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Quality and correctness of classification models. Part 3 – Confusion Matrix

In the last part of the tutorial we introduced quantitative indicators of classification model quality. In the next two parts we will take a closer look at a couple of graphical indicators. The first one is called the Confusion Matrix (the name „Contingency Table” is also used).


What is a Confusion Matrix?

Confusion Matrix is an N x N matrix, in which rows correspond to correct decision classes and the columns to decisions made by the classifier. The number ni,j at the intersection of i-th row and j-th column is equal to the number of cases from the i-th class which have been classified as belonging to the j-th class.

Examples:

 

Forms of Confusion Matrices

Various forms of Confusion Matrices let us more easily observe certain characteristics of the classification (i.e. the cost incurred by incorrect classifications).

  • Numerical form – contains counts of observations assigned to particular classes.

  • Percentage form – contains the percentages of observations assigned to particular classes calculated as the ratio of the count of observations assigned to the class to the total observation count.

  • Gains and losses form – contains information about gains and losses due to correct and incorrect classification decisions.

Confusion Matrix in the gains and losses form contains sums of costs due to classification decisions.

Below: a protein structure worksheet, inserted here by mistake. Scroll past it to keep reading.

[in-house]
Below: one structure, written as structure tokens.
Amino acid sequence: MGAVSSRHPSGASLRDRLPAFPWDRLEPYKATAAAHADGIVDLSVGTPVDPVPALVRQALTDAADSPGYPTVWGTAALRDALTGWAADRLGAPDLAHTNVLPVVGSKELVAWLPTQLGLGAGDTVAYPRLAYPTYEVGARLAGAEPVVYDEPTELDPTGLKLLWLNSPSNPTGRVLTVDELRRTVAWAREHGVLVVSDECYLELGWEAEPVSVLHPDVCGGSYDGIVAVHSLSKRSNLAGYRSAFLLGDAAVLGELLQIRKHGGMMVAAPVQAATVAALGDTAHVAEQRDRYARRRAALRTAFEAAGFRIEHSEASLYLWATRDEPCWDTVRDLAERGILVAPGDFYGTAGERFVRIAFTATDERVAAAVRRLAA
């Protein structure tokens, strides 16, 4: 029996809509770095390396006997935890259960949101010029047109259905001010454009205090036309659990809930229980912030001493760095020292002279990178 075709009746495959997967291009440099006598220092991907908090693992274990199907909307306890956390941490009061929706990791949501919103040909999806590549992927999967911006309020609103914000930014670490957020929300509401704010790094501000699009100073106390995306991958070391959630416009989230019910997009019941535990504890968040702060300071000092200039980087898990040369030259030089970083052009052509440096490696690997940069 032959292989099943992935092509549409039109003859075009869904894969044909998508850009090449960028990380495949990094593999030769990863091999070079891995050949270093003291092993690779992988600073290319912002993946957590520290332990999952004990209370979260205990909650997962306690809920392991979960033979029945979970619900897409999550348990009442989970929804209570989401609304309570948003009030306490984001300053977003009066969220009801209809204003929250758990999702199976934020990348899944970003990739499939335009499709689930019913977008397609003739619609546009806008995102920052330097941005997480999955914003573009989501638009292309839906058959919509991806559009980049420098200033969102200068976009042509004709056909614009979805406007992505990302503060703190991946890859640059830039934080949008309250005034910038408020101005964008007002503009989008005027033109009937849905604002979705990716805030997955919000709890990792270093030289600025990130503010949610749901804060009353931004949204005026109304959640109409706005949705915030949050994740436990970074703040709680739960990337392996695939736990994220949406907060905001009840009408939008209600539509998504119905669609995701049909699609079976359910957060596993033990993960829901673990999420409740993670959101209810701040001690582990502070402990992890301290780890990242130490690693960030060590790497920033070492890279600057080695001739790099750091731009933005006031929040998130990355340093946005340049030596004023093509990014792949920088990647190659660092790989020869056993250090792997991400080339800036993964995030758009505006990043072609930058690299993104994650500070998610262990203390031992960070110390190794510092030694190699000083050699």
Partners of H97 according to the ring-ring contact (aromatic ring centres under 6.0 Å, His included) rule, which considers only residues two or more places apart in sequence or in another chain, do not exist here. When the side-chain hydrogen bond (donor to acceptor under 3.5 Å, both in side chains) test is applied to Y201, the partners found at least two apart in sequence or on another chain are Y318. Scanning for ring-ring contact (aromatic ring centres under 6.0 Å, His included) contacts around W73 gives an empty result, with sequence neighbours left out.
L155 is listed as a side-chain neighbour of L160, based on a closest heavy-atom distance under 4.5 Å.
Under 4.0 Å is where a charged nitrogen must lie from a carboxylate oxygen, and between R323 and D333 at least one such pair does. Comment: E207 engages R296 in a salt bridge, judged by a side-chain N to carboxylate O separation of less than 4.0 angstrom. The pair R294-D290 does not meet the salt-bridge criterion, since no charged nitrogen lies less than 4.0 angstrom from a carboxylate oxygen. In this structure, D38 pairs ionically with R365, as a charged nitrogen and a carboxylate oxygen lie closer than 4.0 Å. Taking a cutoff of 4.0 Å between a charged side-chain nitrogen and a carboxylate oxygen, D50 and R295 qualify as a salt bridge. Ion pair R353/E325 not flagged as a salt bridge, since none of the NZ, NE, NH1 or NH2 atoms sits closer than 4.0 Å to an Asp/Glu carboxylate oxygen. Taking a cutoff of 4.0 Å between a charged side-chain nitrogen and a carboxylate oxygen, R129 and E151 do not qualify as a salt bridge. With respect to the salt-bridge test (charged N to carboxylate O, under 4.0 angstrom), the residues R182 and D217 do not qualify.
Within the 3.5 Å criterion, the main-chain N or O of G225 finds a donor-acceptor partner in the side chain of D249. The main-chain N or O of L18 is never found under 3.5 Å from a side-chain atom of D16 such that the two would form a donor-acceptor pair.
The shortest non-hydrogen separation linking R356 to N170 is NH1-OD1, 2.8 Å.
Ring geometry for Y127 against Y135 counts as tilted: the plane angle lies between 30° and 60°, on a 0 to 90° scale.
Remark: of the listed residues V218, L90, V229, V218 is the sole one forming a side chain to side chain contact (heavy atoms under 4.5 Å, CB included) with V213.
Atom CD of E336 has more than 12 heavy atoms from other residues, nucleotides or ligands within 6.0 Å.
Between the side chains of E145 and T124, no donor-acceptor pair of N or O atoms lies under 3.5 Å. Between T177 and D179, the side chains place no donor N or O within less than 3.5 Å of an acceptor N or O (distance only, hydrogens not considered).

Example 1

Example 2

Cut off point and the Confusion Matrix

Cut off point is a certain threshold value which can be used to determine whether an observation belongs to a particular class.

if P(class(x)=1) >= alfa, then assign to class 1

where:

alfa – the cut off point

P (class(x)=1) – probability, that the given element belongs to the class denoted by 1

For example:

If the probability (calculated by our classification model) that a given loan applicant will not be good at repaying the loan is greater or equal to 60%, then assign this applicant to the class of bad debtors, otherwise assign him/her to the class of good debtors.

Different cut off points can be considered for the same problem (i.e. assessing creditworthiness), which will lead to different confusion matrices. By analyzing these matrices the optimal cut off point can be selected.

Confusion Matrix – summary

  • A simple and readable way of collecting classification results
  • Makes assessment of classification quality easier
  • Different forms of the Confusion Matrix can help in observing the required properties of the classifier
  • Can be used to determine gains and losses due to classification

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